Weekly Poll – Care Services Definitions (Week Beginning 17 May 2021)

Each week Disability Equality Scotland send out a poll question to our members on a topical issue.  For the week beginning 17 May 2021, we asked a question about Care Services Definitions.


Question 1. Do you think the care definitions featured in the Public Services Reform (Scotland) Act 2010 are fit for purpose? 

  • YES – 39% (18 respondents)
  • NO – 61% (28 respondents)

Question 2. Do you think the definitions need to change to meet future needs? 

  • YES – 70% (33 respondents)
  • NO – 30% (14 respondents)


Iriss has been commissioned by the Scottish Government to conduct a review of the definitions set out in the Public Services Reform Act (Scotland) 2010 Act) to reflect changes in social care in the last decade. This is to ensure that service and role definitions reflect the understandings and expectations of commissioners, providers, workers, and people who access care and support. The majority of respondents (61%) answered

‘no’ and believed the current care definitions featured in the Public Services Reform (Scotland) Act 2010 are not fit for purpose. This is in line with the follow up question, whereby the majority of respondents (70%) think the definitions need to change to meet future needs. We provide verbatim comments where appropriate to illustrate strength of feeling or personal experience.

Current Definitions

Respondents reflected on the current definitions featured in the Public Services Reform Act and whether they serve current needs, demands and delivery of health and social care provision in Scotland. Some respondents believed that the current definitions are too broad and open to inconsistent interpretation.

“There is a huge area to cover and groups need to be clearly defined.”

“The definitions are far too vague. They need to be far more specific because one authority’s definition of what is good enough to be considered a “service” may vary considerably from another authority’s definition. Also, if a fuller specific definition is included in a law, this reduces the government’s ability to change the definition as and when they want (usually depending on economic circumstances rather than public requirements) without the relevant discussions and agreements with the majority of the government. A wider range of services are required to enable people to maintain as independent a life style as is safely possible.”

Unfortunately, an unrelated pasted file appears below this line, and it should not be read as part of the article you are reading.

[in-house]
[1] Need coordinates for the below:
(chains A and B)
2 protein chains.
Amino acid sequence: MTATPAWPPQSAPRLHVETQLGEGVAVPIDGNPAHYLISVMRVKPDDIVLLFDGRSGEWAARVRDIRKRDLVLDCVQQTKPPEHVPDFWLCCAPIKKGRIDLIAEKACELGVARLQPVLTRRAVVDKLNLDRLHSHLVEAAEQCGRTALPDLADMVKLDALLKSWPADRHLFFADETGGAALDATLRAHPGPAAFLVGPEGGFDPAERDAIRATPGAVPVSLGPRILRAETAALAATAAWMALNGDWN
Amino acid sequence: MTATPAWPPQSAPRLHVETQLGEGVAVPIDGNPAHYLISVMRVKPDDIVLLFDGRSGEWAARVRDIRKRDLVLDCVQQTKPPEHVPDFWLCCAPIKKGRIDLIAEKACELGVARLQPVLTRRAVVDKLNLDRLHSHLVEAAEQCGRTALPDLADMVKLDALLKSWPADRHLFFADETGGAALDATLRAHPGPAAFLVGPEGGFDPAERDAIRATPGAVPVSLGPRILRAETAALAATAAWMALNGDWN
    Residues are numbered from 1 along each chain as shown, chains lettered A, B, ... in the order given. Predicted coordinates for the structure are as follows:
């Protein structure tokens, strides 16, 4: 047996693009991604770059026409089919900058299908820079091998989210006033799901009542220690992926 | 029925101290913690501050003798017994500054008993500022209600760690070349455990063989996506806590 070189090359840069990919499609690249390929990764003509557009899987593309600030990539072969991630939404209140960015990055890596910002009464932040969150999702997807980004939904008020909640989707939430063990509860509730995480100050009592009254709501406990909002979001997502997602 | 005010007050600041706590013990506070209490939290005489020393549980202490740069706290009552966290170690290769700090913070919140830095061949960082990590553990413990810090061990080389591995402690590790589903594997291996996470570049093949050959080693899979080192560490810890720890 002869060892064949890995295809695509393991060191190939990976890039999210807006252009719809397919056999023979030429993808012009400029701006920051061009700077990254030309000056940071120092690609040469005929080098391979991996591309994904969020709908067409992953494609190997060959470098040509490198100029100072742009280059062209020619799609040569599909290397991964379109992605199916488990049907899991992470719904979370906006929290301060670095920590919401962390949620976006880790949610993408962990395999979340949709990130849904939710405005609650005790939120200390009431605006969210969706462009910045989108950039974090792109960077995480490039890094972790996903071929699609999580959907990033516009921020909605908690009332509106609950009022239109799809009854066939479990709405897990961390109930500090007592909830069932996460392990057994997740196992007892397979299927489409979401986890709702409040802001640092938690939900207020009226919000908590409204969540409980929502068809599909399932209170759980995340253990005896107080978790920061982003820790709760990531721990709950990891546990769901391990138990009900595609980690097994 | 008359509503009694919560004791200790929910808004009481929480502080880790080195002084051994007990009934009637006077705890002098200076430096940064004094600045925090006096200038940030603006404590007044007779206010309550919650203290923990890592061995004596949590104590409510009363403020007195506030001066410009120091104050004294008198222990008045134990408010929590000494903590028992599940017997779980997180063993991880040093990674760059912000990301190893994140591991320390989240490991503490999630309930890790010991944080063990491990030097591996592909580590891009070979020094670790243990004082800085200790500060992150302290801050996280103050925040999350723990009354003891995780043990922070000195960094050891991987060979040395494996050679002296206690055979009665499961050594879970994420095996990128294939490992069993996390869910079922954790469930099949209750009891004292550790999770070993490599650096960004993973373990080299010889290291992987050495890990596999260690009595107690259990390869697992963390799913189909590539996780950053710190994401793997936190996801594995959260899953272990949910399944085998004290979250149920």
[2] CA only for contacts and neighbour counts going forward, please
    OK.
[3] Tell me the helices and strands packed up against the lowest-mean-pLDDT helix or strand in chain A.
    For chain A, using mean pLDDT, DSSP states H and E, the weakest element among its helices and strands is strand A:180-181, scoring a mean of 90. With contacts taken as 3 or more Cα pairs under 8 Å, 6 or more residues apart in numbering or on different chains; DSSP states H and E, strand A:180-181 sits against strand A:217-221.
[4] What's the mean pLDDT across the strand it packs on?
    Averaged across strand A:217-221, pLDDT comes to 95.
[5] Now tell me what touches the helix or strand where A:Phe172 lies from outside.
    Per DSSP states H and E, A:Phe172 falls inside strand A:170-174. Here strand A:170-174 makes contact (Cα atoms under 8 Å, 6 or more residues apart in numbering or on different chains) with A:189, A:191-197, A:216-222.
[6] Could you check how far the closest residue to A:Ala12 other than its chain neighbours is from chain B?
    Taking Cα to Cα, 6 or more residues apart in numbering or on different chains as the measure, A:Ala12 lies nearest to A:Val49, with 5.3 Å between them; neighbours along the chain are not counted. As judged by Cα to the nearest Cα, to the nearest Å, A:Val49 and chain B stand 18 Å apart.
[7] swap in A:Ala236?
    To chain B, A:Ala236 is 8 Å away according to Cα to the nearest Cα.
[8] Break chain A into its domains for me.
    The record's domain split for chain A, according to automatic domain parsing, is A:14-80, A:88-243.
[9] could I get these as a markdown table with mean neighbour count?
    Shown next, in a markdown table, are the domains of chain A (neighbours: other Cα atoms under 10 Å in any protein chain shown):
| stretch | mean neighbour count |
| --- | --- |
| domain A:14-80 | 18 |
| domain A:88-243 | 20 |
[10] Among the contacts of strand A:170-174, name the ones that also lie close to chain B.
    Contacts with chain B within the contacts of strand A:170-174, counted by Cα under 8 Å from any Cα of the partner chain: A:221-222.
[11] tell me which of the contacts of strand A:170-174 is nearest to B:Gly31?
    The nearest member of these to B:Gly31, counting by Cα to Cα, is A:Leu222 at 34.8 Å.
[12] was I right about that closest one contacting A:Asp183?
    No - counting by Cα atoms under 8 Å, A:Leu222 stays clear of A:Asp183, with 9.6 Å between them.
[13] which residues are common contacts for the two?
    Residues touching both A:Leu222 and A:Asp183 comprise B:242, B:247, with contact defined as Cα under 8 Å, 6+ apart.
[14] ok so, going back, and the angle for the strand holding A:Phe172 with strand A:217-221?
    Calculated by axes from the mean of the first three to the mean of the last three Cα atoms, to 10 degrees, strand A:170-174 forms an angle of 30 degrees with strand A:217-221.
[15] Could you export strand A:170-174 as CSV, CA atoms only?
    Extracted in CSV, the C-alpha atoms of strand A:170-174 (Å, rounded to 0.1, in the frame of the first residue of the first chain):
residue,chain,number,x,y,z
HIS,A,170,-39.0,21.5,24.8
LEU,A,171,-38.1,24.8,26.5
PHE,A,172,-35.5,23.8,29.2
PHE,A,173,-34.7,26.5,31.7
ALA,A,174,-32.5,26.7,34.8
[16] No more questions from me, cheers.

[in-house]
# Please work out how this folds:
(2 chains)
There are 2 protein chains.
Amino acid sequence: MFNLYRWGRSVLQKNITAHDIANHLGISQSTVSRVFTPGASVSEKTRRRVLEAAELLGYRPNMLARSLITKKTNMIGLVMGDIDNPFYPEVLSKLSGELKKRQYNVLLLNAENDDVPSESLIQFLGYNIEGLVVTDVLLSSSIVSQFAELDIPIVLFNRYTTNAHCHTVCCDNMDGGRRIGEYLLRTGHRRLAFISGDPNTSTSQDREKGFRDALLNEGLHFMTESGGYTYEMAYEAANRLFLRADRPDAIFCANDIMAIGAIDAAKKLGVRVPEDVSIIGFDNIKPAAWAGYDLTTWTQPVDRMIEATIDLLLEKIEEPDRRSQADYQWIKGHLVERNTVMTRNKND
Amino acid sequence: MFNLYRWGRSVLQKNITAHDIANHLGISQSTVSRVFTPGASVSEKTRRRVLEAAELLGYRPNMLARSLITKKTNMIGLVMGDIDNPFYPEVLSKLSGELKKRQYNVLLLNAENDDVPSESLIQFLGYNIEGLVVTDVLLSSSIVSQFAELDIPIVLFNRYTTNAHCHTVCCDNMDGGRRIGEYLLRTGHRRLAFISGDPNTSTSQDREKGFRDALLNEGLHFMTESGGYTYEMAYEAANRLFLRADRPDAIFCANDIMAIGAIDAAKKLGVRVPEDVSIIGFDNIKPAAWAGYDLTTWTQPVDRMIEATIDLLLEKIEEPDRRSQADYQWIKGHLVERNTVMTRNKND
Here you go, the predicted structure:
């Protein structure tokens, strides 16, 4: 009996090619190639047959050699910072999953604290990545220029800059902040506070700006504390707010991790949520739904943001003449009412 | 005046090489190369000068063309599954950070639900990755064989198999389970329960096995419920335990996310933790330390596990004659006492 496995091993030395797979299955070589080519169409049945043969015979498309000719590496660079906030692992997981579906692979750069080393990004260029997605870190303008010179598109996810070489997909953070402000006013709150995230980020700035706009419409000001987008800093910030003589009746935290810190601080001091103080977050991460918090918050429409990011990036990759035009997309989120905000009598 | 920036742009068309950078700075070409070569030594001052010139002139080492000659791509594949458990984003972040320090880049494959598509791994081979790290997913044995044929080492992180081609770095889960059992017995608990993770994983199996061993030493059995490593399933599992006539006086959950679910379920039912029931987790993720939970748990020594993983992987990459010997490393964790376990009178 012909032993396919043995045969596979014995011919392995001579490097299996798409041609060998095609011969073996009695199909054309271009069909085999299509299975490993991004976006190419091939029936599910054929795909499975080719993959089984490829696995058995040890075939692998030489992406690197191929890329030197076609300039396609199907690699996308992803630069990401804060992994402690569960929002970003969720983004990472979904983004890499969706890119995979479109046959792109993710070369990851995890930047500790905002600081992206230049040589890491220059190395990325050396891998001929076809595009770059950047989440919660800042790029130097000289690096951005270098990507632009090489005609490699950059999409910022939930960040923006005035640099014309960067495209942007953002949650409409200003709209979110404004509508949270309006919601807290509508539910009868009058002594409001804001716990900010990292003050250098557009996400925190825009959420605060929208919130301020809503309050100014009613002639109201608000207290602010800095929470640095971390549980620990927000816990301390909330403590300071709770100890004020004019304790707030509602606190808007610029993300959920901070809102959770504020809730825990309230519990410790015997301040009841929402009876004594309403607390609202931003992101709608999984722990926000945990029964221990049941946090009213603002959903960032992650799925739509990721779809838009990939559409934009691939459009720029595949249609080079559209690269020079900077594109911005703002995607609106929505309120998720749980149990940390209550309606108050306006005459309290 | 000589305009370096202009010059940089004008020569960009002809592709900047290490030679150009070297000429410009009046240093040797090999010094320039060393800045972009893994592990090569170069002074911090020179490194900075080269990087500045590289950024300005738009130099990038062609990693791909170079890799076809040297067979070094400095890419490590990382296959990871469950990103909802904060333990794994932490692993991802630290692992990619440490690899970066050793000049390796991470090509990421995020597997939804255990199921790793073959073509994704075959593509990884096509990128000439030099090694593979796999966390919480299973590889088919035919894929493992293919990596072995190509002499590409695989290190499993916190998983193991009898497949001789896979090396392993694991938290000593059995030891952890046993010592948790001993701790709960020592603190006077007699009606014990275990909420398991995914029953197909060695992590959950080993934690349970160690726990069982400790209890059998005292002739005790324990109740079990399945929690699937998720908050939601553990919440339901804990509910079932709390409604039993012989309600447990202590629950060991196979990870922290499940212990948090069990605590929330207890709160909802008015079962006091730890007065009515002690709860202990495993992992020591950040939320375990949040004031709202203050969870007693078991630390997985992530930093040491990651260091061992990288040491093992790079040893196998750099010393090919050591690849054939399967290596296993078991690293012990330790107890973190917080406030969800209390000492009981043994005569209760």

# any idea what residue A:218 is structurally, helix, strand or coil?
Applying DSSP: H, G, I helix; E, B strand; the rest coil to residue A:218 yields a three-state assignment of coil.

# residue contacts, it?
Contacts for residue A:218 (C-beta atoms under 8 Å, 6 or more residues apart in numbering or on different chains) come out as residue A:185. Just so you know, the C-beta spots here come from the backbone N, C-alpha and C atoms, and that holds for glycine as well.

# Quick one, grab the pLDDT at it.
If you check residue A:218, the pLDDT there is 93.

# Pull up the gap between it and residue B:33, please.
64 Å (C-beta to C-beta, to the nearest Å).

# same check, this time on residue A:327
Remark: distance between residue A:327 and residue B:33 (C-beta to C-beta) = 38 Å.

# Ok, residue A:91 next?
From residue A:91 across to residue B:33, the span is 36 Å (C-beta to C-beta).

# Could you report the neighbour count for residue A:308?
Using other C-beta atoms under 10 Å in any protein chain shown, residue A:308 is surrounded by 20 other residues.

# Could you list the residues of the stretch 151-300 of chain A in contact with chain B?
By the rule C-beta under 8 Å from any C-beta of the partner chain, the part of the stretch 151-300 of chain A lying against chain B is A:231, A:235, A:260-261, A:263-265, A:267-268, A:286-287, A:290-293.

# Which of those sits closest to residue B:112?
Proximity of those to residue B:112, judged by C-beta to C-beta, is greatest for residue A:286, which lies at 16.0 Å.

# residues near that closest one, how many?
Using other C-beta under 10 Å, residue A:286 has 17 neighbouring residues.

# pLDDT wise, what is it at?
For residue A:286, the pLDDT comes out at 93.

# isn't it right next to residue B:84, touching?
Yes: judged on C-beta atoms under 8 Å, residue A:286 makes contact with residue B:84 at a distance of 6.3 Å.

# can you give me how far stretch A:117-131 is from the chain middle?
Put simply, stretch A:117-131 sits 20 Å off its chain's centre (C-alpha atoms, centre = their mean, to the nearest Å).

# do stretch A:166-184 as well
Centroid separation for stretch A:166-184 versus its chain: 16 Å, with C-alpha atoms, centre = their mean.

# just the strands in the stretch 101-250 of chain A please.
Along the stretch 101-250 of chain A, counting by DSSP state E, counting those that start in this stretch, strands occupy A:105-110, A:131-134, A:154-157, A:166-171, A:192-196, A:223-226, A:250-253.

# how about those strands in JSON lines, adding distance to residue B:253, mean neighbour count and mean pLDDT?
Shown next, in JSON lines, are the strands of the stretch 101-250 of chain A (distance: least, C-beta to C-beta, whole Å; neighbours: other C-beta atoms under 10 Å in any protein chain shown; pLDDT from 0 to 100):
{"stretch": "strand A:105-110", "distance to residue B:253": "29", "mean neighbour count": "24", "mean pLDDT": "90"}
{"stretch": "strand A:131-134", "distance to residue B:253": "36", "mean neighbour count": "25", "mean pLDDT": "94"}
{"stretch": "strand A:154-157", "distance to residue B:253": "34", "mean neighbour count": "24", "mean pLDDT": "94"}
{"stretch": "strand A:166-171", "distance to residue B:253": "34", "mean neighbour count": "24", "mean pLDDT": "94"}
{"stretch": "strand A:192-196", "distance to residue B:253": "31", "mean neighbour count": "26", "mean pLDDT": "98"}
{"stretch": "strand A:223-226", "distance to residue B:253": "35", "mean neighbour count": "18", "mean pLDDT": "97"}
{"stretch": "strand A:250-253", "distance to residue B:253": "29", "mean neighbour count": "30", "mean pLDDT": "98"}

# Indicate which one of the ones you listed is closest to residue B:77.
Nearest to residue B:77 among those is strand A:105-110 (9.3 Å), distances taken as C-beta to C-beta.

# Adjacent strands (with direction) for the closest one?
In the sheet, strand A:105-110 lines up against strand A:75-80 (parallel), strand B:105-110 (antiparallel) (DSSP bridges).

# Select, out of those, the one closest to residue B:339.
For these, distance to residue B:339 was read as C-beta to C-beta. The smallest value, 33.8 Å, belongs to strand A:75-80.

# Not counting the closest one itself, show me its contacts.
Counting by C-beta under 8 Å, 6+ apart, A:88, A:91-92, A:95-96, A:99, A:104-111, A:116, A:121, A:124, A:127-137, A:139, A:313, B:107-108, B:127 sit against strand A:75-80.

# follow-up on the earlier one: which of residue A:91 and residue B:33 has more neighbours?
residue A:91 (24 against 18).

“Care services are in many forms. Such a broad category of people to categorise together, could easily lead to one’s care needs having to be questioned further than perhaps necessary? For putting care/support in place, proof, financing to name a few. I fear that to categorise people with potentially contrasting care needs could exacerbate people who have difficulty expressing their care needs or even being aware that there’s a need for it. Understandably this pandemic will in turn, require more care/support services being readily available in the all to near future if not already presently. It seems a care service could be easily misunderstood and people may not receive the help, money or safety that other’s within the same “category ” may.”

“Personally I feel there would be too much room taking such an ambiguous approach, for inequity to occur unnecessarily. An offender accommodation service user could have conflicting needs for a day care of children. More judging members or less educated could find it offensive. Feeling grouped amongst people who made the decision to break the law whether they are repentant or not other’s within the “care category” could be subject to suspicion.”

“Condensing care into subsections doesn’t suit the future of care.”

Future Needs and Suggested Changes

A number of respondents highlighted the need to update the definitions featured in the Public Services Reform Act to meet existing and  future needs. One respondent suggested that the definitions must incorporate a human rights based approach that values the ideals of respect, freedom, equality, dignity and fairness.